oxidation disorder, probably very long chain acyl Co-A dehydrogenase deficiency
on the basis of the clinical presentation of acute muscle weakness,
rhabdomyolysis precipitated by a history of acute gastroenteritis, high ammonia
and organic acid analysis results.
The patient received aggressive hydration
with 5% dextrose in 0.9% normal saline, with frequent monitoring of CK
levels. Adequate caloric support was
provided through nasogastric tube feeding.
By the 5th hospital day, his sensorium
improved, he regained his motor strength and his CK had decreased to 657 U/L.
Other abnormal laboratory parameters also gradually normalized. He was
eventually discharged well and advised lifestyle and diet modification, as well
as avoidance of fasting and special precautions to increase caloric intake
during exercise or episodes of concomitant illness. A fatty acid oxidation disorder
panel was sent (Invitae, USA), and sequence analysis and deletion/duplication
testing of the 31 genes tested revealed a homozygous pathogenic variant,
c.250G>A (p.Ala84Thr) identified in ETFDH
gene, confirming the diagnosis of Glutaric Aciduria type II.
He was advised to start a healthier diet
with fat content at the recommended intake for his age, and was started on
Riboflavin 300 mg/day and CoQ10 60 mg/day.
They were also advised regarding avoidance of fasting, early consult and
higher calorie intake during sick days.
Genetic counseling was done regarding recurrence risk for autosomal
recessive inheritance. Twelve months
since his presentation to the emergency room, he has been asymptomatic with no
recurrence of muscle weakness.
Rhabdomyolysis is defined as muscle
symptoms with 11-fold increase of serum creatine kinase. Biochemically, an insult in the ion
channels can activate a series of myolytic cascading events leading to necrosis
of the muscle fibers and release of its contents such as myoglobin, creatine
kinase, aldolase, and lactate dehydrogenase into the bloodstream. The causes of rhabdomyolysis overlap with that
of muscle weakness and may range from traumatic injury to infectious and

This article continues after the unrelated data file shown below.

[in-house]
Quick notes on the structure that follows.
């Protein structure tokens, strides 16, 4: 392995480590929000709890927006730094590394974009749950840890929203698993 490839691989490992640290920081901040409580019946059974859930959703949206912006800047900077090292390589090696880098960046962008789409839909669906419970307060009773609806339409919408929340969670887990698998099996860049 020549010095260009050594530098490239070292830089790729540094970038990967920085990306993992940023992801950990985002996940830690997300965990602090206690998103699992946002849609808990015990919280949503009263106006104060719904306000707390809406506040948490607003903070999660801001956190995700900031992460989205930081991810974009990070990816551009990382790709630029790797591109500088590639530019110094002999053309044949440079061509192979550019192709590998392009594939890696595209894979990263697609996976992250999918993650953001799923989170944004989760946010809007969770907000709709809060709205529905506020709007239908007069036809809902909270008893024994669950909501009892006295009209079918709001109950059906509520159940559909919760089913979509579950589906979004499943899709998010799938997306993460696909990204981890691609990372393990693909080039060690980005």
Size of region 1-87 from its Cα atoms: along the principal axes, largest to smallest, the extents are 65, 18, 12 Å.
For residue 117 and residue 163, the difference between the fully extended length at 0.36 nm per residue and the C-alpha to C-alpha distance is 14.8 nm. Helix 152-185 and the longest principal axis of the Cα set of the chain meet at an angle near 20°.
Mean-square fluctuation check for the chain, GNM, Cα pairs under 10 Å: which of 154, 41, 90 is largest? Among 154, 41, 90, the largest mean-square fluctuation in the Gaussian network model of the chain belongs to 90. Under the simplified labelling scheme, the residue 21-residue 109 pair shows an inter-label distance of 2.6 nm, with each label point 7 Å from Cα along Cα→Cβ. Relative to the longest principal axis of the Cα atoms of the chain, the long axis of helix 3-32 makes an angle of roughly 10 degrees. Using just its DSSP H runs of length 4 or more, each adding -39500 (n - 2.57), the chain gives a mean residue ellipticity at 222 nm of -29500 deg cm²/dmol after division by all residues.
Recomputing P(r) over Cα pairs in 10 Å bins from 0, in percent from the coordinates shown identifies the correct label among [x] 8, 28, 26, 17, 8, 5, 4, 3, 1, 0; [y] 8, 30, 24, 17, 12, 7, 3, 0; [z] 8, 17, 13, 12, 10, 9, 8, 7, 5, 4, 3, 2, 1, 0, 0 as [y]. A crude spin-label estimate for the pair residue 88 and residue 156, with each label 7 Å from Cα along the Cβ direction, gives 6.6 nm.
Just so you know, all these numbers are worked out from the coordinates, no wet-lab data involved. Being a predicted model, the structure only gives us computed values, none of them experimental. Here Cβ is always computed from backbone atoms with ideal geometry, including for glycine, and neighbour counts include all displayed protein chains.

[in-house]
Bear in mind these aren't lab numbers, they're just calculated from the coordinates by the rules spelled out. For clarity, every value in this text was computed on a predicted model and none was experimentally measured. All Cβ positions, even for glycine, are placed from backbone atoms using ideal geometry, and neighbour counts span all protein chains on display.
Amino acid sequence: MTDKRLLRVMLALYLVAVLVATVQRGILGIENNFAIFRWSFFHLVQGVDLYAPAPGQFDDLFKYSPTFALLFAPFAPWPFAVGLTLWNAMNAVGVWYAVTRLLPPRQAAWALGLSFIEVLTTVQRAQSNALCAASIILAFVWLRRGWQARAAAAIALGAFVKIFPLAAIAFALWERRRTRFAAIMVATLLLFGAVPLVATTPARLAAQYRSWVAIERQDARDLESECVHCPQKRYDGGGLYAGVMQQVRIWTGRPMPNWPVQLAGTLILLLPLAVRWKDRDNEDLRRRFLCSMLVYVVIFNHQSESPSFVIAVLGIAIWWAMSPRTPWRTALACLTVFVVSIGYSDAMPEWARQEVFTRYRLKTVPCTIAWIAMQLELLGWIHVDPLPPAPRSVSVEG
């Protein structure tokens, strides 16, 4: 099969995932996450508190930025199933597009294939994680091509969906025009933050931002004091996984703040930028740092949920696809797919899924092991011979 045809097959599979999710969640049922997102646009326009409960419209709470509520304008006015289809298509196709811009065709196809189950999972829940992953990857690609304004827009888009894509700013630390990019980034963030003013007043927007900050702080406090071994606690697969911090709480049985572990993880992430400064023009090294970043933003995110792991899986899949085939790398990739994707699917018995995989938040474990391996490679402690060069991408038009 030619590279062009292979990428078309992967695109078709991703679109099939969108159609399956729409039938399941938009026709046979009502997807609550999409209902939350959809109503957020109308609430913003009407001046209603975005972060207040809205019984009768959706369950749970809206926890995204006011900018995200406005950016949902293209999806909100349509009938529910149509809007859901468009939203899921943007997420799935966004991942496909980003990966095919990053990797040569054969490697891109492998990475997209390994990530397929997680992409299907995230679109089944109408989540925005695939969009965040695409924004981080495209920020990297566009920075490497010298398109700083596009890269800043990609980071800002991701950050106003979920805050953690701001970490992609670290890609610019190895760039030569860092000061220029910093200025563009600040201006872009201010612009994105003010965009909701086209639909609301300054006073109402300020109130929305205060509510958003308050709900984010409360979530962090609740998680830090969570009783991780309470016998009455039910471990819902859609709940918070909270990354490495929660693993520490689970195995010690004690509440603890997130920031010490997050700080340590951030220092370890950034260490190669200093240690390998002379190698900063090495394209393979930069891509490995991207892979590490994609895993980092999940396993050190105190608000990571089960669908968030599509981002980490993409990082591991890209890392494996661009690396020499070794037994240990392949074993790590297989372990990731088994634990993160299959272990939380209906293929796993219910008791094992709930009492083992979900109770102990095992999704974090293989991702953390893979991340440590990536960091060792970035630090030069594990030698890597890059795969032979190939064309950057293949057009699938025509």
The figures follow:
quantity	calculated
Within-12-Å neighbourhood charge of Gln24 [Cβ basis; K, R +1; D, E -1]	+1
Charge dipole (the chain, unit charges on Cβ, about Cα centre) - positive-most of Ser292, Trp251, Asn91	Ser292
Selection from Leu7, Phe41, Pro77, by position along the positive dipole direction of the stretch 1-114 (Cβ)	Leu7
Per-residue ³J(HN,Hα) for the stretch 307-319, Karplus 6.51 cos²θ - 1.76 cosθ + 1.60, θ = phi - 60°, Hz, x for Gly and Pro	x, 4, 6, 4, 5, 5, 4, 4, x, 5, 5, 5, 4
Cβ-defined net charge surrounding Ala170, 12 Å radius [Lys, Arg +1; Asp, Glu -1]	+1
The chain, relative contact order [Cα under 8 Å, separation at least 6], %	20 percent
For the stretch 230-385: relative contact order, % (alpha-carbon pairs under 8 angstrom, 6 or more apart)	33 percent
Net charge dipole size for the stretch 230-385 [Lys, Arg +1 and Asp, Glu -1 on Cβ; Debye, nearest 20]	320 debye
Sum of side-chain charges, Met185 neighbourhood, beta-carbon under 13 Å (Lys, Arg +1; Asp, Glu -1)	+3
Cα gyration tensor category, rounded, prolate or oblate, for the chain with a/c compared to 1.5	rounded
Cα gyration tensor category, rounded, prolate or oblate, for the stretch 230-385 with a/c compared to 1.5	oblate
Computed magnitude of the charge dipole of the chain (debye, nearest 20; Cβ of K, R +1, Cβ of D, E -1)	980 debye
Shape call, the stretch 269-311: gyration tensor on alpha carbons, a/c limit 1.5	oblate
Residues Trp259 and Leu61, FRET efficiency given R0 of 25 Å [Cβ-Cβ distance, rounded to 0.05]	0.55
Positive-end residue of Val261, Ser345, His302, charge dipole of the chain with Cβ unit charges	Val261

genetic etiologies. When initial testing for common acquired causes does not
reveal a diagnosis, inherited myopathies should be
considered and these include inborn errors of metabolism such as glycogen
storage disorders, fatty acid oxidation disorders, and mitochondrial disorders,
as well as congenital myopathies and mutations in LPIN1.8
tests such as urinary organic acid analysis and plasma acylcarnitines aid in
the diagnosis of metabolic myopathies. For patients with MADD, urine organic
acid analysis findings show combinations of increased dicarboxylic acids,
glutaric acid, ethylmalonic acid, 2-hydroxyglutarate, and glycine conjugates,
similar to the findings in our patient.5 The plasma acylcarnitine
profile may reveal short, medium and long chain metabolites.4 Muscle biopsy, now
recommended only when genetic test results are inconclusive, may show lipid
accumulation and enlargement of the mitochondria.8 Molecular DNA testing can confirm the diagnosis and
in our case was very informative in terms of predicting prognosis.
c.250G>A (p.Ala84Thr) variant identified in ETFDH gene in our patient has been reported as the most common mutation in
late-onset/ riboflavin-responsive MADD and is common in South East Asian
countries like Southern China and Taiwan where there is a strong Southern Min
background.9,10,11 Chen, Zhang et. al. proposed that the geographic
distribution of the variant being consistent with the migration route of the
southern Min Chinese in Southeast Asia is suggestive of a founder effect in
this population. While this patient does
not have any reported Chinese ethnicity, the Philippines actually has a
significant number of Chinese immigrants, wherein 98.1% are of Min background,
and majority specifically from Quanzhou.12 The usual dose of
riboflavin supplementation reported for riboflavin-responsive patients is
90-400mg/day, which results in significant improvements in the biochemical and
clinical parameters as seen in our patient.
It is important to have a high index of
suspicion for metabolic disorders in patients with unusual presentations such
as encephalopathy and rhabdomyolysis. Prompt and correct diagnosis will enable
us to give appropriate intervention and prevent future episodes of
life-threatening rhabdomyolysis. The availability of diagnostic panels is
helpful in narrowing down possible metabolic causes in a timely manner when it
is difficult to identify the specific enzyme defect. This case further supports the good genotype
phenotype correlation in MADD and its importance in counseling regarding
outcomes and response to therapy.
The authors would like
to thank the Pediatric team of the Medical Center Manila (ManilaMed) for the
multi-disciplinary medical management
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(2006). Reading Chinese Transnationalisms: Society, Literature, Film. Hong Kong: Hong Kong University Press. p.20.